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Year : 2005  |  Volume : 37  |  Issue : 5  |  Page : 336-

Pharmacoeconomics: Sensitization of undergraduate medical students

CS Gautam, S Bhanwra 
 Department of Pharmacology, Government Medical College & Hospital, Chandigarh, India

Correspondence Address:
S Bhanwra
Department of Pharmacology, Government Medical College & Hospital, Chandigarh
India




How to cite this article:
Gautam C S, Bhanwra S. Pharmacoeconomics: Sensitization of undergraduate medical students.Indian J Pharmacol 2005;37:336-336


How to cite this URL:
Gautam C S, Bhanwra S. Pharmacoeconomics: Sensitization of undergraduate medical students. Indian J Pharmacol [serial online] 2005 [cited 2020 Dec 4 ];37:336-336
Available from: https://www.ijp-online.com/text.asp?2005/37/5/336/16863


Full Text

Pharmacoeconomics plays a vital role in the treatment of a disease. Patients are affected by the high prices of medicines. As the symptoms improve, error of compliance sets in, particularly so, if the regimen is heavy on the pocket of the patient.

One of the major causes of the high cost of medicines is prescription by brand names. For some medicines, the difference in cost between the branded and generic product varies from less than twofold to more than 100-fold.[1] The overall savings owing to prescribing the least expensive generic preparation has been reported to be approximately 5%. Savings in individual situations can be very much higher. Generic names are also less confusing.[2]

In the "therapeutic jungle", the prescriber can help the society by using generic names while prescribing.[2] However, prescribers often do not follow this and even prescribe branded medicines over-enthusiastically. Health professionals have an important role to play in promoting quality use of medicines through good treatment choices and good communication with the patients by explaining to them about the low cost generic medicines.[3] The doctors, therefore, must be trained during the formative years of their learning, so that they are not allured by the marketing gimmicks of pharmaceutical companies and develop a habit of prescribing by generic names. We tried this by sensitizing the students of second year professional MBBS course.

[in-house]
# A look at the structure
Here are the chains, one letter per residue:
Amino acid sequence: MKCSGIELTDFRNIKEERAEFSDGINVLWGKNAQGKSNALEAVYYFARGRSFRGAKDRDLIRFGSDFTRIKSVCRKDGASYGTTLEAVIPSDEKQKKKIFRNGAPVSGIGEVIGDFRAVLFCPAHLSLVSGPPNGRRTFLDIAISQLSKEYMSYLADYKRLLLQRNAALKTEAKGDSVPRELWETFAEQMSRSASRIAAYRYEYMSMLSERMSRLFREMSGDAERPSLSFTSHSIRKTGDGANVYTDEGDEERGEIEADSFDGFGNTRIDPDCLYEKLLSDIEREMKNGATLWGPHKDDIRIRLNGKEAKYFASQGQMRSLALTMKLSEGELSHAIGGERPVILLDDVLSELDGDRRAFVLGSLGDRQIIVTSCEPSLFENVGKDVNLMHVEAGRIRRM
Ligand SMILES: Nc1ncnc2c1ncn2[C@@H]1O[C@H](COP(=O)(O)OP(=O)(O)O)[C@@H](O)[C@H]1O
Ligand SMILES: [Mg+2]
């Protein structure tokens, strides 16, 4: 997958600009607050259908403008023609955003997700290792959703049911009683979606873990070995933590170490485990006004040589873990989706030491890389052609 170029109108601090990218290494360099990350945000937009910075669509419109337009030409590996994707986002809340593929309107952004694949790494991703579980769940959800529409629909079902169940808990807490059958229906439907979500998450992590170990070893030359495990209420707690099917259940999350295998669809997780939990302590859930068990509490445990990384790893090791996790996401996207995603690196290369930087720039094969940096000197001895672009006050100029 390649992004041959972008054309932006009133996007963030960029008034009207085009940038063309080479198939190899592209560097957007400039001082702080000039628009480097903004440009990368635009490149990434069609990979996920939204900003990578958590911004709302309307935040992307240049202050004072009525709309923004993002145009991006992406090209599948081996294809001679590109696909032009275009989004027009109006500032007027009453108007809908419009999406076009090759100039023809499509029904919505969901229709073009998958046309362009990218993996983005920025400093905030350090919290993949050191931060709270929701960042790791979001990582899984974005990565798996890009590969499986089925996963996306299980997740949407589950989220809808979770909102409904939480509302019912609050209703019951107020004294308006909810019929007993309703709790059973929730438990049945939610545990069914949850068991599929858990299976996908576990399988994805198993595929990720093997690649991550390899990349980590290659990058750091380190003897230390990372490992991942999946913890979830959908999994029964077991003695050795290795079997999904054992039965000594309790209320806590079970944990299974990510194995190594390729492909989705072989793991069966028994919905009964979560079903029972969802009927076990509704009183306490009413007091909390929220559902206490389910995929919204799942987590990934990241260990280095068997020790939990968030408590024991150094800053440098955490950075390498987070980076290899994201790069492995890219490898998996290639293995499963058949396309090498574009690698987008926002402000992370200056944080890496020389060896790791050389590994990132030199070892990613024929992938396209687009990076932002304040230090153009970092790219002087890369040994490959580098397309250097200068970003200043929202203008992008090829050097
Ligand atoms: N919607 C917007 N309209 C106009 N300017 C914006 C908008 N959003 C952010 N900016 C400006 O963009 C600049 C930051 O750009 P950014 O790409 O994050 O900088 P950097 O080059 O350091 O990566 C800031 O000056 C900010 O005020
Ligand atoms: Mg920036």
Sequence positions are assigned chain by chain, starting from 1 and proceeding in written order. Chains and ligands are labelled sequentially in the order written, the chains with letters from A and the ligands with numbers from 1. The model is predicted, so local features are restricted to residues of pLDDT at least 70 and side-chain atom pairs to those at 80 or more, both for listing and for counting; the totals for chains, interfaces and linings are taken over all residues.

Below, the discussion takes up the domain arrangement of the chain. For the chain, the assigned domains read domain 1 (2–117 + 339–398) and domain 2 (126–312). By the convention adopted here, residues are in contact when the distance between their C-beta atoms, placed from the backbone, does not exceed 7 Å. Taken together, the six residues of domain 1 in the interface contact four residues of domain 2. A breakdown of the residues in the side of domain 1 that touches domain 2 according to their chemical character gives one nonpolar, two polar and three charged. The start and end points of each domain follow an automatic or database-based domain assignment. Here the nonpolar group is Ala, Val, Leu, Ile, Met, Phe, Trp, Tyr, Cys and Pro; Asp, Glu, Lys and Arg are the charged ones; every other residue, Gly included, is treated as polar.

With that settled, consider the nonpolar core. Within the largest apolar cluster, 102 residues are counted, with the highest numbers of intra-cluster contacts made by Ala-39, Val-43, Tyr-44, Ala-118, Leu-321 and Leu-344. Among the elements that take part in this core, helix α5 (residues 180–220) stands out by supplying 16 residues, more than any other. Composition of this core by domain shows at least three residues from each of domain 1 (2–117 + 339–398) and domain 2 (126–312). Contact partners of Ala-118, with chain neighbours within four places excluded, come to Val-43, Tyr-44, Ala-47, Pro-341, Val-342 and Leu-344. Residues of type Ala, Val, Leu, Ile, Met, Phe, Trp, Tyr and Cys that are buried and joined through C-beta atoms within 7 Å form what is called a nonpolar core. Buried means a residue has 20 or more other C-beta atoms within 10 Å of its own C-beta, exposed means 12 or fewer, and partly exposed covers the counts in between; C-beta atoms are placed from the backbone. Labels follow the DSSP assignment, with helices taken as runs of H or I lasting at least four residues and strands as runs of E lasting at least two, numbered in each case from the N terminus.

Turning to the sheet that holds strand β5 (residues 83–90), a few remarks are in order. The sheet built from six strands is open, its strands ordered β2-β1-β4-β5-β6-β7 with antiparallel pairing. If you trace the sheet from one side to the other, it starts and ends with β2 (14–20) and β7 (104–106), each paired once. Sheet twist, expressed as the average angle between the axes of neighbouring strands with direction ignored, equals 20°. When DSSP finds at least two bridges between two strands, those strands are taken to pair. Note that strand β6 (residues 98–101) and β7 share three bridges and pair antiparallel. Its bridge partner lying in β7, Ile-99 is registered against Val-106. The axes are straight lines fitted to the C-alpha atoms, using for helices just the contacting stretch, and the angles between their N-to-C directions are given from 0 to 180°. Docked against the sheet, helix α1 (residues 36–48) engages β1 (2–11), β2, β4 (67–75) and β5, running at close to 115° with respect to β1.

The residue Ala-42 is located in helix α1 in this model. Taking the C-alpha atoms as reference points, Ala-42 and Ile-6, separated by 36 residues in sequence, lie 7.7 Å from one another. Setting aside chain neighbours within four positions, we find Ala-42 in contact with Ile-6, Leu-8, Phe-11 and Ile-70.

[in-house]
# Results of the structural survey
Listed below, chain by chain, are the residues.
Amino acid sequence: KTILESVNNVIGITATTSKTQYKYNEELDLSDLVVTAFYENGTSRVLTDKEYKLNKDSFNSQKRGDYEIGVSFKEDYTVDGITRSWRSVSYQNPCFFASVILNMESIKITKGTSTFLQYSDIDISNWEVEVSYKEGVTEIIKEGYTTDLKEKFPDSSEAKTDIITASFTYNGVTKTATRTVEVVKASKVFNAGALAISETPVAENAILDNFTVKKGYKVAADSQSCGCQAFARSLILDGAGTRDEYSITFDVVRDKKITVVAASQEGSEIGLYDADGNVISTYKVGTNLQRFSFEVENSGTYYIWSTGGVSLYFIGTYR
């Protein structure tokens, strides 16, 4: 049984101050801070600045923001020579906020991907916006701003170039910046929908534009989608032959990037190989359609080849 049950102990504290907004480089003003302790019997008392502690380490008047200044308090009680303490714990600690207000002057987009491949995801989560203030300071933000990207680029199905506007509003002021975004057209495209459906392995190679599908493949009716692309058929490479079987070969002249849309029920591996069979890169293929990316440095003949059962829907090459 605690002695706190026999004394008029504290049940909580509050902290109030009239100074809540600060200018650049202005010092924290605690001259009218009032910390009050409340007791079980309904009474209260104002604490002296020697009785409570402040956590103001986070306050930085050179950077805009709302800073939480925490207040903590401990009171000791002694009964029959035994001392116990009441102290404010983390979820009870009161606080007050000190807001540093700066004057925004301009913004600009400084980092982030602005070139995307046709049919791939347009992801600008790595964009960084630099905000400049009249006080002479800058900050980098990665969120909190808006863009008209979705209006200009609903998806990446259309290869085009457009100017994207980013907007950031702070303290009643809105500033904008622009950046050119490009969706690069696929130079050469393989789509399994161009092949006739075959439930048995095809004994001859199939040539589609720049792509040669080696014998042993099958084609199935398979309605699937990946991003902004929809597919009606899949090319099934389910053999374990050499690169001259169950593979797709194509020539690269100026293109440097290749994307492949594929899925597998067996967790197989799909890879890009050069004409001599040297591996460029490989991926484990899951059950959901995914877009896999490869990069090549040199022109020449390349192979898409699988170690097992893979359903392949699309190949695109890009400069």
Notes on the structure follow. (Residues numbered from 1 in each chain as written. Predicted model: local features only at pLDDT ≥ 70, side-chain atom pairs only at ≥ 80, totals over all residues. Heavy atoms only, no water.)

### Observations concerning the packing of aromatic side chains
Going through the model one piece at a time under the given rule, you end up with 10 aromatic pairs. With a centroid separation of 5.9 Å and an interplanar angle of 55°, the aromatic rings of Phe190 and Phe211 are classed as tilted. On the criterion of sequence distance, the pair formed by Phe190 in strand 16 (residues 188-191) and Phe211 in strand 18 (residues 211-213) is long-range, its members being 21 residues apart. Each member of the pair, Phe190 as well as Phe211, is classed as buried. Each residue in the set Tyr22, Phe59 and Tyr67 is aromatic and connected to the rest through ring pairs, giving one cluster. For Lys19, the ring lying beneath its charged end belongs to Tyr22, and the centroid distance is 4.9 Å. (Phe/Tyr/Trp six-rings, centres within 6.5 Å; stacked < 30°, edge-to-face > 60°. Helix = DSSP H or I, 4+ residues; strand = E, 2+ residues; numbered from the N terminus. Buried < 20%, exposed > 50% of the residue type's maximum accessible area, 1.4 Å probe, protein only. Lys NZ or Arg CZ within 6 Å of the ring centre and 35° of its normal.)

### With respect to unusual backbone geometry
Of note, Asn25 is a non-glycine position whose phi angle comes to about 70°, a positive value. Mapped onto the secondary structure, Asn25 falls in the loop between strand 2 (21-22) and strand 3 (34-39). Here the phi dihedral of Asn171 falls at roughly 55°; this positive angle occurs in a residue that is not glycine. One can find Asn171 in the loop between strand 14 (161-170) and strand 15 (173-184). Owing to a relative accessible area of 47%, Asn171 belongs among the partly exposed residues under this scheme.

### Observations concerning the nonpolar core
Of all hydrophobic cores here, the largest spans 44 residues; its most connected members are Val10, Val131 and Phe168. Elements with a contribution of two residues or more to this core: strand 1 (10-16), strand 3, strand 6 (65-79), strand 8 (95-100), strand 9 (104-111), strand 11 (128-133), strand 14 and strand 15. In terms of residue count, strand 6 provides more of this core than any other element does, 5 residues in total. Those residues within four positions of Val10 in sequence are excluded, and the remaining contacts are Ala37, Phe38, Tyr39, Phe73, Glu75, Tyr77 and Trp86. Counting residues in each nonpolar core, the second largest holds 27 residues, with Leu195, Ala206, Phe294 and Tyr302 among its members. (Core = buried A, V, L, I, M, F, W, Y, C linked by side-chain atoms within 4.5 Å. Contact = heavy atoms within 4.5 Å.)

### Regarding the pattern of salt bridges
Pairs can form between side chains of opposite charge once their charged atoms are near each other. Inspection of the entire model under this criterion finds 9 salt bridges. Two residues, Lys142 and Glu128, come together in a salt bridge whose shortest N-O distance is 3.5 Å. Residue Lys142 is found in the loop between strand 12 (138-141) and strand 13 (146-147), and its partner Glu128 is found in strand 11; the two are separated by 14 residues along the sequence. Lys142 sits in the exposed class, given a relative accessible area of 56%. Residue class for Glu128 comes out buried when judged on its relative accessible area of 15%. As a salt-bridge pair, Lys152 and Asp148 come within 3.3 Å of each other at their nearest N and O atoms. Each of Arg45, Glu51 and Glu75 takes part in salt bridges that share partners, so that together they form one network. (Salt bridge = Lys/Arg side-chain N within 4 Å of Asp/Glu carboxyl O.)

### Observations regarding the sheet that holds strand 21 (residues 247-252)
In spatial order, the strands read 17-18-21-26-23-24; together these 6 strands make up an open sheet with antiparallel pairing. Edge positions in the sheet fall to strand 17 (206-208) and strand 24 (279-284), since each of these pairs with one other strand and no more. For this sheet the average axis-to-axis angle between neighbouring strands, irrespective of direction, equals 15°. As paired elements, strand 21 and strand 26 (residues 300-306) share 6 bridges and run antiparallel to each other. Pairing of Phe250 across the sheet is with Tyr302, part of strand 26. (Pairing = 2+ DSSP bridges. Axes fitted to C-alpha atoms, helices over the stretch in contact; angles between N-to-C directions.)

The present students were first given the concept of generic and branded medicines. They were asked to collect the prices of the same medicine in branded and generic form for some common ailments such as rhinitis, insomnia, anxiety, diabetes, low backache, fever, diarrhea, acid peptic disease and upper respiratory tract infection with the help of institutional pharmacist. Percentage difference in the cost of the two was calculated and the drug compliance in view of the difference in cost was discussed with the medical students.

It was noticed that all branded medicines were higher priced as compared to their generic alternatives [Table 1]. Approximately a 3 to 4 times increase was observed. It was found that many times chemists did not give the specific generic medicine, which was asked for and tried to give a substitute branded medicine, giving the reason of non­availability. Sometimes, the locally manufactured alternative was given. Obviously, such indulgence resulted in some economic gains for the seller.

Generic drugs offer major savings in healthcare expenditure because they are substantially lower in price than the branded drugs. It is desired that doctors should prescribe the drugs only in the generic form except for conditions where drugs with narrow therapeutic margin are prescribed, for instance, antiepileptics, lithium carbonate, antiarrhythmics.[4]

References

1Lofholm PW, Katzung BG. Rational prescribing and prescription writing. In: Katzung BG, editor. Basic and clinical phannacology. 9th ed. New York: Mc Graw Hill; 2004. p. 1091-100.
2Nies AS. Principles of therapeutics. In: Hardman JG, Limbird LE, editors. Goodman & Gilman's. The phamacological basis of therapeutics. 10th ed. New York: Mc. Graw Hill; 2001. p. 45-66.
3Hassali A, Stewart K. Quality use of generic medicines. Aust Prescr 2004;27:80-1.
4Birkett DJ. Generics - equal or not? Aust Prescr 2003;6:85-7.